Throughout a lengthy planning process, Cary leaders have spent hours refining their vision for the town over the next 25 years.
So far, this has translated into ambitious plans for areas like the eastern gateway by Cary Towne Center, where the Cary Town Council wants to see taller buildings with a mix of office, residential and commercial.
But the council wants the area in and around the Carpenter Historic District in western Cary to remain largely the same by retaining its historic look and feel.
During a work session Tuesday, March 8, the Town Council reviewed plans for the Carpenter Special Planning Area that was crafted by Imagine Cary, a group of residents and planners. This is part of a larger planning document that will someday guide development in town through 2040.
Today, there are about 25 historic structures in the proposed special planning area, which contains a few hundred acres surrounding the intersection of Carpenter Upchurch and Morrisville Carpenter roads. Several of these structures are owned by the town, including the Ferrell Store, which is located at an area known as Carpenter Crossroads.
“Everywhere around here is nothing but five units to the acre,” councilwoman Jennifer Robinson said. “It’s just nothing but neighborhood after neighborhood after neighborhood. ... We’re lucky we even have this (area) still, and I would like to do everything we can to make sure that it doesn’t become washed away with a bunch of developments.”
The plan centers around the intersection where the Ferrell Store and the Carpenter Farm Supply Store are located.
The priorities for this area are to preserve the existing historical structures and encourage the reuse of these buildings, as well as allow compatible surrounding developments with appropriate transitions and buffers. There would be some neighborhoods to the north and the south of the historic district and potentially some office or light industrial buildings to the west.
Robinson suggested putting parking in the area to the west, which is slated for office or light industrial, to help retain the walkable, historic and rural feel of the central area.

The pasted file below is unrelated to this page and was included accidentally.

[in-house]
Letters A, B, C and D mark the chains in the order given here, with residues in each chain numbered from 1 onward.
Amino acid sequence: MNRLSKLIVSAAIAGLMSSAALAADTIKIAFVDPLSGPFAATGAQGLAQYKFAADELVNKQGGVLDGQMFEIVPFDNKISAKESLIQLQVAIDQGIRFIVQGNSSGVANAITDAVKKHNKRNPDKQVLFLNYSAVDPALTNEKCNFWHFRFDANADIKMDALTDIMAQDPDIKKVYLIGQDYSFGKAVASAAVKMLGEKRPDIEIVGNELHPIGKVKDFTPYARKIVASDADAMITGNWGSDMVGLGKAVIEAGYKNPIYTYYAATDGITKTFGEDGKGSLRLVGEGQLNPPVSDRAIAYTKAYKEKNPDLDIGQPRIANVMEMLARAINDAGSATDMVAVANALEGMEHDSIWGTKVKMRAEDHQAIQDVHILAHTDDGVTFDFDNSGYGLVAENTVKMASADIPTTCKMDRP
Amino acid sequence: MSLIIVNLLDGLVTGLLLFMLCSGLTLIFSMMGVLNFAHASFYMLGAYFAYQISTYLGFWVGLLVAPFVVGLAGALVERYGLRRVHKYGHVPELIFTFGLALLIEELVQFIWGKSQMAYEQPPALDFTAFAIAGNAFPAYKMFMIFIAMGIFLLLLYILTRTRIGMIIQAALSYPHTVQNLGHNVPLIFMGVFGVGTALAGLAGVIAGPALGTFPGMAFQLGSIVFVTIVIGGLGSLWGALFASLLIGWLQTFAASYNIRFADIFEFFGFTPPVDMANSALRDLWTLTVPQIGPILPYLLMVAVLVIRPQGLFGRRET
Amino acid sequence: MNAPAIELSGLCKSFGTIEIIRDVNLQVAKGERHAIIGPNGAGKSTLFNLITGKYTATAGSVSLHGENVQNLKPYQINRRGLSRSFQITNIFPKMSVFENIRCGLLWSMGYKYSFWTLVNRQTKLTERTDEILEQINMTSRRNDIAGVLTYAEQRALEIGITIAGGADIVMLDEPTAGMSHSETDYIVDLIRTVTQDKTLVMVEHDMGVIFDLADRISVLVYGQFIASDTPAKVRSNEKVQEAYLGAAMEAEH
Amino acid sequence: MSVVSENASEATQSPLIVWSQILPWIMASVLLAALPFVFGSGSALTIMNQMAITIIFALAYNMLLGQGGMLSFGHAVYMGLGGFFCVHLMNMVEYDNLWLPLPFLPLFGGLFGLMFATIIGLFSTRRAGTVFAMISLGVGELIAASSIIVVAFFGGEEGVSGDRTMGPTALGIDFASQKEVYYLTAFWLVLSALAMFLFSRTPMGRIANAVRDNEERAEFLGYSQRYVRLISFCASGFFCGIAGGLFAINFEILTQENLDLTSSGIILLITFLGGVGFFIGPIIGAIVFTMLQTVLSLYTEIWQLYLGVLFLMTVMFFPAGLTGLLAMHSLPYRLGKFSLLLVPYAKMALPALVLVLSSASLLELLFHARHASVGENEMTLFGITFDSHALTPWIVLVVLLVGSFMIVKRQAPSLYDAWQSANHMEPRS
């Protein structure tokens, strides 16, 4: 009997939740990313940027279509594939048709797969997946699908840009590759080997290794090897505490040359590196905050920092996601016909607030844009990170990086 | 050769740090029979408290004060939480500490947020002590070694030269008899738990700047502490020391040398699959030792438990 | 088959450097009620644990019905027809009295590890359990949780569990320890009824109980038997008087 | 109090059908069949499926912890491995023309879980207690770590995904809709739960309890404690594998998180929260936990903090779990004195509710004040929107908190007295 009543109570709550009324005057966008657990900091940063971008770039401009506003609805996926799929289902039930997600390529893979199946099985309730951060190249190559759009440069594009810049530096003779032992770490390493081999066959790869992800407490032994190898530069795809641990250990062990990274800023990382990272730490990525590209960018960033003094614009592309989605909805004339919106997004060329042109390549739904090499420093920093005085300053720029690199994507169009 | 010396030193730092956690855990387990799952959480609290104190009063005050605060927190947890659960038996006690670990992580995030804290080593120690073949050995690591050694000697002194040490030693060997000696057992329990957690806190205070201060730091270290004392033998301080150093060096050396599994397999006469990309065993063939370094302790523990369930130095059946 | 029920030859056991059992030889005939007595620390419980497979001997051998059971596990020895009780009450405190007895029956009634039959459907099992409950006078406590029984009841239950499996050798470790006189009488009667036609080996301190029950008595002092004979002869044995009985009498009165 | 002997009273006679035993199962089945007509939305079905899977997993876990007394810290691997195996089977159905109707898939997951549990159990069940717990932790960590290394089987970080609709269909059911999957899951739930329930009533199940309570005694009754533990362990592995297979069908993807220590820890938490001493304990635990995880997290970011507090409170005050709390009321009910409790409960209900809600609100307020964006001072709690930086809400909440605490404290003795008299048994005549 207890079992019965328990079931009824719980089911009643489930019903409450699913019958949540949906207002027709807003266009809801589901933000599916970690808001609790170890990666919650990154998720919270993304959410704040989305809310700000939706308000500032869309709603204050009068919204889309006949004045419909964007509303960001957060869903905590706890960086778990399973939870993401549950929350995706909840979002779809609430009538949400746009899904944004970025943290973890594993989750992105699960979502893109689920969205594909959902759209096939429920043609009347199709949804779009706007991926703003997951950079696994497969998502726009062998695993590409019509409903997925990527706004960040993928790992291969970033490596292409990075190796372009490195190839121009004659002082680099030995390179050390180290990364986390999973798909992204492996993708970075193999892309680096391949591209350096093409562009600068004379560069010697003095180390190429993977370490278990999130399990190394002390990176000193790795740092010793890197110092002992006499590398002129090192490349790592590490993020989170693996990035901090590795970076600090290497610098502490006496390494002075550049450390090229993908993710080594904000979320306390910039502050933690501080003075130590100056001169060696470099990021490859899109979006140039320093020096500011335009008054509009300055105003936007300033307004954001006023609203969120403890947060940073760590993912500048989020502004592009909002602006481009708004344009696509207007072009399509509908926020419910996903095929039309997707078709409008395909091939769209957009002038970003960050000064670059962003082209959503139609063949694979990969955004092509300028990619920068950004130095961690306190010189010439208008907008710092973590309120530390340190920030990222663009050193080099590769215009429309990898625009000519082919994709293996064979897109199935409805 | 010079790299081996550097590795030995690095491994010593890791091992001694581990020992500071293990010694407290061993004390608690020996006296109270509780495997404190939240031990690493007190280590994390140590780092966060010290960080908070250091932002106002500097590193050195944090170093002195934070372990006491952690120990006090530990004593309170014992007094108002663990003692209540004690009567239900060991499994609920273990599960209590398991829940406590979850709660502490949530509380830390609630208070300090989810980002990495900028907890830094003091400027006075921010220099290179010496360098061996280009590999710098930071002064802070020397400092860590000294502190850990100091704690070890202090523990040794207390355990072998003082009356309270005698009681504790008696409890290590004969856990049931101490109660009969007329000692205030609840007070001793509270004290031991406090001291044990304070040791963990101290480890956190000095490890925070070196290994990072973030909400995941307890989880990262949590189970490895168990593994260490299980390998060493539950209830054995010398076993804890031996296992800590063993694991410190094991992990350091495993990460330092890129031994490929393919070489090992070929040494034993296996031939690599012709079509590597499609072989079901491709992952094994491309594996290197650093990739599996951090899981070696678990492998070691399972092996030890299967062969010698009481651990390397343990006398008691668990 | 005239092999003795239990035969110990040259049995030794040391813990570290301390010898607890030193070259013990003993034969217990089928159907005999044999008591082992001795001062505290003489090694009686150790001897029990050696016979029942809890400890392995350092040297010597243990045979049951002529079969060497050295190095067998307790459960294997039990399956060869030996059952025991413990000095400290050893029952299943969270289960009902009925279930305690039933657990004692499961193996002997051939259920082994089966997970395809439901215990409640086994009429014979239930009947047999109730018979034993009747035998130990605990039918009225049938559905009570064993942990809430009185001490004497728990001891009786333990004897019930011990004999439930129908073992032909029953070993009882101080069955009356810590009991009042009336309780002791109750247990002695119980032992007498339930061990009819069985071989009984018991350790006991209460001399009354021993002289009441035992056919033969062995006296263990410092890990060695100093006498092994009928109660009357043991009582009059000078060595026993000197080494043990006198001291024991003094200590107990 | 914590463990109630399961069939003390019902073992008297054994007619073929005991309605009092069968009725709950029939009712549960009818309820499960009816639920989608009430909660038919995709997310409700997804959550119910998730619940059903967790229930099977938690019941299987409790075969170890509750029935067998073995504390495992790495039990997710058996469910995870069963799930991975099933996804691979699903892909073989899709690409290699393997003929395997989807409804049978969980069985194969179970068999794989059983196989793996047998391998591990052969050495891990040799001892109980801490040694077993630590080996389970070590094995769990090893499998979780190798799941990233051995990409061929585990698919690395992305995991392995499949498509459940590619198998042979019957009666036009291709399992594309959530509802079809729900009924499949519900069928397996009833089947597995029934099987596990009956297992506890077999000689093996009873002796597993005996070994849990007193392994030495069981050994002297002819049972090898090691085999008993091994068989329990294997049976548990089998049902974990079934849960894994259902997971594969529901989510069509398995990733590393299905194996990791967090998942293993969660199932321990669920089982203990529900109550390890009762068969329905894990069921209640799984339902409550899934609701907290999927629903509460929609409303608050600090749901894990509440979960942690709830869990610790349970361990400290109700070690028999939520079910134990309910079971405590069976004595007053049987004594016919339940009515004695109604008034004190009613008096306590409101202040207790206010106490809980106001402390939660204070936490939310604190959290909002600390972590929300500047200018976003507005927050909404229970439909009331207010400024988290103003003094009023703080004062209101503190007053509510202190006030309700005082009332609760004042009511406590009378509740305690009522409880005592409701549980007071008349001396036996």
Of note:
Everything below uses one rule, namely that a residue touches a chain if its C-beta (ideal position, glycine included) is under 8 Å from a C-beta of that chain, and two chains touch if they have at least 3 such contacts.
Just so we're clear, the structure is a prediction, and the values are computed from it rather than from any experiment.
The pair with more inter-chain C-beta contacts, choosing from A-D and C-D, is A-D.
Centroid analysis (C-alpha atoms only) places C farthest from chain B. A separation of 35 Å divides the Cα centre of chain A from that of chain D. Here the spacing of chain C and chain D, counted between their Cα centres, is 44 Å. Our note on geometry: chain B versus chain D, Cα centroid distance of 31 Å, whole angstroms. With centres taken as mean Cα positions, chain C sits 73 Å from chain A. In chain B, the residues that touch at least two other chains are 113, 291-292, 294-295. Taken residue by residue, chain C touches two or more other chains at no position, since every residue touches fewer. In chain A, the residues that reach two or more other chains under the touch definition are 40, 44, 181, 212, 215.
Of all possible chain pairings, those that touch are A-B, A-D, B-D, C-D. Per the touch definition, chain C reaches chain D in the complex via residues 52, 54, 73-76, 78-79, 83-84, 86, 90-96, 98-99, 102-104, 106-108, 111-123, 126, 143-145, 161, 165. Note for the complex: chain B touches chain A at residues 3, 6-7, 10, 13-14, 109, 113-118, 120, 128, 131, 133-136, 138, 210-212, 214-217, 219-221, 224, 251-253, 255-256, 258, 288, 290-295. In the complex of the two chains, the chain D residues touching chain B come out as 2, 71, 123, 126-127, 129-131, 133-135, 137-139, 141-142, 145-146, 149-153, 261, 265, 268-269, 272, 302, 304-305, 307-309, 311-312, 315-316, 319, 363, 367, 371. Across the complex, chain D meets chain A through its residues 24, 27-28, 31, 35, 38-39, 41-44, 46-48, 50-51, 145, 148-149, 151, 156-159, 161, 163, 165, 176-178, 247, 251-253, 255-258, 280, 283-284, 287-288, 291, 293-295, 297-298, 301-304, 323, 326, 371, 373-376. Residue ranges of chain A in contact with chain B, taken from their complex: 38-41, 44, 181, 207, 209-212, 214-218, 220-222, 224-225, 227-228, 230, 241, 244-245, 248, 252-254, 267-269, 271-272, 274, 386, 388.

“It may be someplace where people want to drive to visit,” she said. “In which case, I would rather have people drive and park right on the edge of it ... than go into it and litter up the place with a bunch of cars and parking lots.”
The town also has to plan around the Morrisville Carpenter Road realignment, which will be required in the coming years in response to increasing traffic.
“I’d say that’s the big 800-pound gorilla in the district, and it’s the big thing we need to plan around and figure out how we create a plan that preserves character given that road improvement,” said Scott Ramage, a town principal planner.
The council agreed that Morrisville Carpenter and Good Hope Church roads should have a more natural appearance than elsewhere in Cary. They debated whether this should include curb and gutter or expressway gutter, but ultimately decided they preferred curb and gutter as long as it didn’t look “traditional.”
“I’d like it to look a little different than a normal street in Cary’s proper,” Mayor Pro Tem Ed Yerha said.
This also includes more rural and historic landscape treatments, including meandering pedestrian paths, certain types of fencing and other “less suburban, more rural, historic” options.
Roads within and near Carpenter Crossroads will remain the same with off-road pedestrian paths that use contextual paving materials instead of concrete or asphalt.
This area already offers access to four or five major greenways with a future town park planned for land near the town-owned Ferrell Store.
“I’d love for that to turn in to some kind of stop for people on the greenway system,” Robinson said of the Ferrell Store. “I could see that being a really nice attraction.”
But Yerha pointed out that the structure was falling apart and would need renovations to make that happen. Many of the structures that were built between 1890 and 1920 have seen some structural decline – even some of those owned by the town.
“There have not really been a lot of reinvestments,” Ramage said. “We don’t really have a lot of protections or preservation incentives working for us here in Cary.”
Town staff said achieving this overall vision, particularly preserving the historic homes, will require more deliberative approaches and a greater commitment of resources, including providing preservation programs and incentives. Some suggested providing local grants for preservation, low-interest or forgivable loan programs, reimbursement of development fees or leading by example.
“We own a bunch of structures there so leading by example would be the town doing something like fixing up its buildings, taking care of them ... setting an example,” Ramage said.
Expediting the process
If the Town Council continues to review Imagine Cary plans during regularly scheduled work sessions, town staff estimate the entire Imagine Cary plan wouldn’t be adopted before May 2017.
The council supported holding a half day retreat in May, potentially along with other special work sessions, to speed up the process. On this schedule, the new plan could be adopted in early 2017.
“I would like to see it, whatever it takes, be done by January 2017,” councilman Jack Smith said.
Kathryn Trogdon: 919-460-2608, @KTrogdon